And among these impressive medicinal uses, amla has been shown to support reduced blood pressure at levels comparable to leading medications, along with drastically improving overall cardiovascular health

That’s why we’ve created Amla Green, to bring organic, concentrated, and delicious amla powder right to your door. You can learn more about Amla Green and its benefits here.

Regular Exercise to Reduce High Blood Pressure

The health benefits of physical activity are well-documented and extensive, improving your mood, energy levels, cardiovascular health, and many more areas of your overall health.

And when it comes to high blood pressure, exercise is a particularly excellent tool for treatment, leaving blood pressure lowered for hours after aerobic exercise

There are multiple reasons for this: frequent heightened blood flow from exercise helps clear up plaques, exercise burns the fats and leftover compounds that can cause them, and exercise also stimulates your muscles to use energy more effectively.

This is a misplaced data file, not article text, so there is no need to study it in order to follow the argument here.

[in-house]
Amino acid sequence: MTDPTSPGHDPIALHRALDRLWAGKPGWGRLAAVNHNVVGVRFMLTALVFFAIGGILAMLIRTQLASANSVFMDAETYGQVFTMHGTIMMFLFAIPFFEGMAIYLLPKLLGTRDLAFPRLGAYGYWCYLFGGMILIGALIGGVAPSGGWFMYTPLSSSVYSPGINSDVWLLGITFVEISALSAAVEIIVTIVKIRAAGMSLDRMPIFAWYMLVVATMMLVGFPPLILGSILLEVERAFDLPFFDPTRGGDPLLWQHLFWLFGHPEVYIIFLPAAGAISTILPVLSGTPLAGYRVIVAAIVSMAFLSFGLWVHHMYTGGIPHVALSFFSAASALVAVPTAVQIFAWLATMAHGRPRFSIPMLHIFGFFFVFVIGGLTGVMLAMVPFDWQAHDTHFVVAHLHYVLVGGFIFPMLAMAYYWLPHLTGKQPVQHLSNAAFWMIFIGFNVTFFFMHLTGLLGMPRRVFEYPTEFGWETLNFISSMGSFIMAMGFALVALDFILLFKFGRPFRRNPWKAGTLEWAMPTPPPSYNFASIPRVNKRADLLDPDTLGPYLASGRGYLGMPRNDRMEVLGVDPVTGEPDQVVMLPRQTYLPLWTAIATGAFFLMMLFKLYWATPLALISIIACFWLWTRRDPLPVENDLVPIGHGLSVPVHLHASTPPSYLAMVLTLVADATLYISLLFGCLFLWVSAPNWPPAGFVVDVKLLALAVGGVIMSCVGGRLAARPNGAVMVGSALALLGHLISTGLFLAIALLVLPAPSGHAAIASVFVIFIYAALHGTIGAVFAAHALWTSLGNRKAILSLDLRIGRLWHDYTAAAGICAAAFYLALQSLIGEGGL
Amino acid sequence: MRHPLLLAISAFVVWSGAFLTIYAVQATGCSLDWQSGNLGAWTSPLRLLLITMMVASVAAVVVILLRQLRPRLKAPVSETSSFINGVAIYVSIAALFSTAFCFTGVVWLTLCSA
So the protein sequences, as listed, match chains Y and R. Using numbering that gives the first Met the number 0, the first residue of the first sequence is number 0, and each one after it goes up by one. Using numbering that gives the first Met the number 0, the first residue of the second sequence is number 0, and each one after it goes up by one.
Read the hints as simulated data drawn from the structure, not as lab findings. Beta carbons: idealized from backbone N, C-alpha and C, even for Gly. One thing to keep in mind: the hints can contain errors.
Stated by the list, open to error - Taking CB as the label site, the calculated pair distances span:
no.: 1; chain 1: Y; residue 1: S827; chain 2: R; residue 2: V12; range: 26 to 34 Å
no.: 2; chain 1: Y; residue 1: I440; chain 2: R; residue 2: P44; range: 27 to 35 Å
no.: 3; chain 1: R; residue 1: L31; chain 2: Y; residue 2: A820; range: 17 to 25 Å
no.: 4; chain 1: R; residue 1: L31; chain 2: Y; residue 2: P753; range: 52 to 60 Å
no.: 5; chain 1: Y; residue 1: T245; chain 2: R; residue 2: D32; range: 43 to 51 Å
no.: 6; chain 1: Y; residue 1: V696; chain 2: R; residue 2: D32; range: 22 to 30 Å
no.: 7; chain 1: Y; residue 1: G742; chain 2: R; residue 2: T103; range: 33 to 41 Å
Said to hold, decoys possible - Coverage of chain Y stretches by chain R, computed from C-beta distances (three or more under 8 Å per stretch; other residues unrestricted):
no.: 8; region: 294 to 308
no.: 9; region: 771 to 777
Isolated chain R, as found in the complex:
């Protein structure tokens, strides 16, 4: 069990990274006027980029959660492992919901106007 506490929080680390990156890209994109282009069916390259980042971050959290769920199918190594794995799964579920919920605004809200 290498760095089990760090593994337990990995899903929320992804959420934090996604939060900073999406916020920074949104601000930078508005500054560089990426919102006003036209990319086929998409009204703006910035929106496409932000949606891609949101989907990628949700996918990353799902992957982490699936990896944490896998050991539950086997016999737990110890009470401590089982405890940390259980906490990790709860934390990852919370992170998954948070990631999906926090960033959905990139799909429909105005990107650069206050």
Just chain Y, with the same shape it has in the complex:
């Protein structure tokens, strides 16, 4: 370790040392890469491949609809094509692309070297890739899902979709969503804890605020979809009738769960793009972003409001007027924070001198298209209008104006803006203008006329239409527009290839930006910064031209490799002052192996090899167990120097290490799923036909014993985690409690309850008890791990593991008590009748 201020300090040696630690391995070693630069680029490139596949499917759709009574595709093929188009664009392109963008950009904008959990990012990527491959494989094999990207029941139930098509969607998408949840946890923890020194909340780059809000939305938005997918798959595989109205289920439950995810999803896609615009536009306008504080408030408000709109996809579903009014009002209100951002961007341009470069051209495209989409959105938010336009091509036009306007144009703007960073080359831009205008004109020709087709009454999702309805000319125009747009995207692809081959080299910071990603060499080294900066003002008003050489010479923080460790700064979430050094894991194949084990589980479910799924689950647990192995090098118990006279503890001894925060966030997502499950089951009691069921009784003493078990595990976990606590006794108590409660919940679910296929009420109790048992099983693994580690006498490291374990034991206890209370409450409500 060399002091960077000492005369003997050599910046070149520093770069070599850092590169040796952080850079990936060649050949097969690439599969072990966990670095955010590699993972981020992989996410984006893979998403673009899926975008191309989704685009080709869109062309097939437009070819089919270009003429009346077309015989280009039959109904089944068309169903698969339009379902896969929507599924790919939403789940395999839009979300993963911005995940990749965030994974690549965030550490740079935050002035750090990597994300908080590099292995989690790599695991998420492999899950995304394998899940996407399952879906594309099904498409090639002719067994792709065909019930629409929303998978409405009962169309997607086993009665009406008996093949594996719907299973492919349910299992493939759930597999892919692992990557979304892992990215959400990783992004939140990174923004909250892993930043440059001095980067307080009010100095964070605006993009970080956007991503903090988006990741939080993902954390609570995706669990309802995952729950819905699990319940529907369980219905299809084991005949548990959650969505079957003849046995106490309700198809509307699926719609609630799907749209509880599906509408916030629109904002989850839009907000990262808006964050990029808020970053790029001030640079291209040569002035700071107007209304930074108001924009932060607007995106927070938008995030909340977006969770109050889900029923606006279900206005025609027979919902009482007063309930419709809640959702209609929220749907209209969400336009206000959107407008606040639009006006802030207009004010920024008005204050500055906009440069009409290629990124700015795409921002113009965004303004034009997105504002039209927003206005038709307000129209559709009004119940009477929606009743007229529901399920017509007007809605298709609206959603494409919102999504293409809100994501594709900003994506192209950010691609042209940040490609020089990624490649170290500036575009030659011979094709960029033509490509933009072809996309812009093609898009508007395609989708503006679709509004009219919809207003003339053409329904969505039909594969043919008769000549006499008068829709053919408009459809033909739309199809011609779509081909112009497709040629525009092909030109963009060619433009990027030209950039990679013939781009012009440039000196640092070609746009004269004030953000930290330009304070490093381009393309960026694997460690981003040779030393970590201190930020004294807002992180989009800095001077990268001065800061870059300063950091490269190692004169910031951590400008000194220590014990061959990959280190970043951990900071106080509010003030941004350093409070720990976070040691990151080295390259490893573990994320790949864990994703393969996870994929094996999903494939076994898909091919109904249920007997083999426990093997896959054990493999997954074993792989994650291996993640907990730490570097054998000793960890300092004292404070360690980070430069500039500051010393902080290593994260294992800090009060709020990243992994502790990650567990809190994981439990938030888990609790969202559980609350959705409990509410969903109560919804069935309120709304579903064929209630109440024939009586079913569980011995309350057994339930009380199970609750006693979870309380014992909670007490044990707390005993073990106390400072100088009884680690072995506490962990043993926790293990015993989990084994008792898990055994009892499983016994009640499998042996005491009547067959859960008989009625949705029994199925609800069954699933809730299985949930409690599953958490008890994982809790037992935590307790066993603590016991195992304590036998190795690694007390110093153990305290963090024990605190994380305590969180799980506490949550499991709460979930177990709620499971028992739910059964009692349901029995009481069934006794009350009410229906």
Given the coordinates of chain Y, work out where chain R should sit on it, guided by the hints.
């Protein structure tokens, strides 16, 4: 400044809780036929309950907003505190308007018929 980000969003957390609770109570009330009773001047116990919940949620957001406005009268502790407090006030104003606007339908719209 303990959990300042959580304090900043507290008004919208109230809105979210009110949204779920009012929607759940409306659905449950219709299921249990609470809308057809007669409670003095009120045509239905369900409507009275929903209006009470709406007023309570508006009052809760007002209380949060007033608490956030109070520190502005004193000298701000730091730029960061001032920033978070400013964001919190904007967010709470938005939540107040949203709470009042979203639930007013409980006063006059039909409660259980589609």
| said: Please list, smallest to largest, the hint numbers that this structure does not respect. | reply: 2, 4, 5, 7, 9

There has been extensive research done that shows aerobic exercise and dynamic resistance exercises are effective treatments for hypertension. Additional research is being conducted to understand the safety of isometric exercises for individuals with hypertension.

Weight Loss to Reduce High Blood Pressure

There are many different factors that come into play to cause high blood pressure, but being overweight is certainly a strong risk for hypertension

This is why weight loss is a valuable tool in controlling high blood pressure. Through regular physical activity, a healthy diet, and other strategies like intermittent fasting, it’s possible to drastically reduce hypertension and the ensuing health risks.

Moreover, reducing excess weight is a generally good idea for your overall health.

Manage Stress to Control High Blood Pressure

Stress is an area of blood pressure control that is easy to understand, but hard to quantify. Though there is extensive research that suggests a strong link between a high-stress lifestyle and hypertension, the impact of these psychological factors is difficult to measure.

Stress can manifest in different ways for different people. That’s why it has proven challenging to make definitive conclusions about the exact mechanism through which stress impacts blood pressure.

What can be said confidently is that consciously managing stress in your life is a good thing, both for your mental and physical health. Everyone has a different capacity for stress, and different activities that help relieve stress, so our recommendation is to find what combination of practices, habits, and activities works best for you.